I have just returned from a brief stay in New South Wales, where I had the experience of staying in two Formule 1 motels.
I have to say I was rather unimpressed with the sort of accommodation that was on offer at their Newcastle and Gosford establishments and wanted to share my experiences with you all in the form of a review.
I have been aware of the budget Formule 1 chain for quite some time but I had no idea what I was in for as I’d never stayed in one before. Clearly, the price should have been an indication to me, but it wasn’t.
The first stay was at Formule 1 Newcastle, which is actually in a far-flung dull suburb called Wallsend on the west of the city. I have stayed in motel rooms in Tokyo and in all honesty, this was hardly any bigger. In fact, I suspect that many of New South Wales’ petty criminals would enjoy a similar level of amenity in the state’s low-security prisons, but without the various hanging points.
Here’s how my room presented itself as I stepped in.
It was exceedingly hot in the room, so I had to turn on a loud and rattly air-conditioner to cool it down. As can be seen here, there is a double and single bunk bed, a single chair, a basin, a towel, a television and a clock-radio; the latter two of which are bolted to a peculiar angled bracket on the wall. Clearly there’s been a spate of clock-radio thefts that I was unaware of.
The room was tiny. The space between the end of the bed and the wall would have been no more than 40cm.
When I turned around, I could see the bathroom:
When I stayed in Tokyo, the motel had a similar Portaloo-styled prefab bathroom arrangement, but in the Japanese case the basin was within proximity of the toilet /shower and not on the other side of the room. There was no shower curtain and the aqua green paint had come off in places:
Now I can live with basic amenities for a night on a short holiday, but this was barely on the threshold of acceptability.
There was no bath mat or shower curtain and the disgraceful shower-rose sprayed water absolutely everywhere which meant that water unavoidably ended-up all over the floor. Ironically, this fountain that masqueraded as a shower rose made rinsing shampoo from my hair nearly impossible. Unhelpfully, the basin was on the other side of the room so I had nowhere to rest my possessions whilst showering.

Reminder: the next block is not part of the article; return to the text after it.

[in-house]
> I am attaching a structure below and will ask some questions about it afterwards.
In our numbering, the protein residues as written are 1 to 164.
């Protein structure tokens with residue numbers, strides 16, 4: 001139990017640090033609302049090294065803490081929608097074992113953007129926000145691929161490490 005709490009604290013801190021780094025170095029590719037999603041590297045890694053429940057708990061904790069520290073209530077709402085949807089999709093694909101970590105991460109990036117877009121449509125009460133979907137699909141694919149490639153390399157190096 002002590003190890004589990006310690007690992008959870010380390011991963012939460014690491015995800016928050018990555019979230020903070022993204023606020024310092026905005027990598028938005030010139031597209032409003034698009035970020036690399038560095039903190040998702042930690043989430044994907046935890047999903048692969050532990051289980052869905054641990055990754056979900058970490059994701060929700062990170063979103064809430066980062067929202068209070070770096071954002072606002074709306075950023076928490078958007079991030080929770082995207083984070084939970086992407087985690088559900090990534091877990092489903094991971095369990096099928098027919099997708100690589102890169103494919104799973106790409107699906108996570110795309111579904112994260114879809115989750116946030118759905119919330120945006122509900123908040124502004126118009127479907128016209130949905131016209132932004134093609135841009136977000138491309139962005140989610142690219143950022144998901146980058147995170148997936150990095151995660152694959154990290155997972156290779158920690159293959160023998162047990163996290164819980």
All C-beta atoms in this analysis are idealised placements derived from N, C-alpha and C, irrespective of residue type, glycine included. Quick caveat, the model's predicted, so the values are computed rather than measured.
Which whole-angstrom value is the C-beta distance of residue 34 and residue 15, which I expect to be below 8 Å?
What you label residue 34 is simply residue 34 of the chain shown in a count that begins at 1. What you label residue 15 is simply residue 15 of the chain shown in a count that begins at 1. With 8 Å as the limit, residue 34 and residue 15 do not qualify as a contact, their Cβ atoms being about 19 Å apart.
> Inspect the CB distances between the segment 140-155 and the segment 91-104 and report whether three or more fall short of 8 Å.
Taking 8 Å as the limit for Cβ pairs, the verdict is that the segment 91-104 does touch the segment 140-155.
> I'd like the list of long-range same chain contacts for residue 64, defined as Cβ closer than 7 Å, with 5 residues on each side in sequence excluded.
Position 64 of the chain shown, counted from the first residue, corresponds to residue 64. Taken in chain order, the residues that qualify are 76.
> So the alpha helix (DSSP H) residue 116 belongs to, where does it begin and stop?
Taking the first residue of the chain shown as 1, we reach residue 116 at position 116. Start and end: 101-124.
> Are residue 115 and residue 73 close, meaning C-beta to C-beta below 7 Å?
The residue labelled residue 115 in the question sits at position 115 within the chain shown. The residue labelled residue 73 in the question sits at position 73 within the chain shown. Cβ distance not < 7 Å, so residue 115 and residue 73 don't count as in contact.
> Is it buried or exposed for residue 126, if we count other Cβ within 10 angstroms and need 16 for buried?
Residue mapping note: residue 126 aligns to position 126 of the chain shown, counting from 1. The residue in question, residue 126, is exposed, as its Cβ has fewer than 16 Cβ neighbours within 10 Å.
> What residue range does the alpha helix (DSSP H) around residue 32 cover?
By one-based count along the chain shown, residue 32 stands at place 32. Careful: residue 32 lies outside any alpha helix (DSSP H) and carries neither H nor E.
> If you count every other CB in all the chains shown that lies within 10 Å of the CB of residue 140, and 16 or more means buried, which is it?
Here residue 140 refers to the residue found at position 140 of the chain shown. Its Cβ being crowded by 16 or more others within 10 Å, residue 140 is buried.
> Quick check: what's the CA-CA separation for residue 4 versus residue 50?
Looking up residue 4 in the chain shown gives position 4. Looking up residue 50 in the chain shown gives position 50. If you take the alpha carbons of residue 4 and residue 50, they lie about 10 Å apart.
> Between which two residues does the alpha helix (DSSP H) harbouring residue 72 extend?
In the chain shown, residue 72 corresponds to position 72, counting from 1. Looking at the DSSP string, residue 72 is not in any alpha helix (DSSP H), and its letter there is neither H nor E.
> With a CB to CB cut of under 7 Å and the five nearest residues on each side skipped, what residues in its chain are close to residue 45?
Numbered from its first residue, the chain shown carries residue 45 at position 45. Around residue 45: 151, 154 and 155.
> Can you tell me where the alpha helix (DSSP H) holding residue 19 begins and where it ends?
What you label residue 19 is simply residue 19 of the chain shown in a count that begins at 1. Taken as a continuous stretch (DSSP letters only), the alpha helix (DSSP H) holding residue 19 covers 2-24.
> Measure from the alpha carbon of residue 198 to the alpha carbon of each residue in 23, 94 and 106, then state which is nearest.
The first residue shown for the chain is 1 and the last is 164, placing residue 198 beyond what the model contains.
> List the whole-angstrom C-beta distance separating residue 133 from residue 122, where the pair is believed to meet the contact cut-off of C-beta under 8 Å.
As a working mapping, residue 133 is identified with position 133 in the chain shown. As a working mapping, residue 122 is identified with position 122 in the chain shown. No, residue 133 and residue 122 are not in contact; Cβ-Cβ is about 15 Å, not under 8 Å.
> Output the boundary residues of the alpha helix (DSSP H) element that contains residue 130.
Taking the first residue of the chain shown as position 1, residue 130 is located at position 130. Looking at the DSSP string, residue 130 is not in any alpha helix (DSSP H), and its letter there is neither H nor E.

There was a creepy hole above the shower that was supposed to act as an exhaust fan. Now that wouldn’t be an issue in itself except for the stern notice on the bathroom door which informed me that my cubicle must be enclosed whilst I shower unless I wanted to make a donation to the Rural Fire Service.
After I had my shower, fearful of setting-off the fire alarm and with nowhere to hang my towel, I decided that a cup of tea was in order.
But I was wrong.
For whilst there was a modest basin and a small disposable plastic cup from which I could drink, there was no kettle and no sachets of tea or coffee. Even Wollongong’s Worst Motel in Australia could manage to provide an electric kettle for its guests. Come to think of it, the Worst Motel in Australia was also able to provide a refrigerator whilst Formule 1 couldn’t.
So there I was, in an overheated dog box where I couldn’t open the bathroom door, or make myself a cup of tea or even buy some food to eat in the morning. Pathetic.
The window to my room was miserably small, more like a portal really. Keen to have something to eat, I decided to leave. Outside was this rather long, hot and dingy corridor: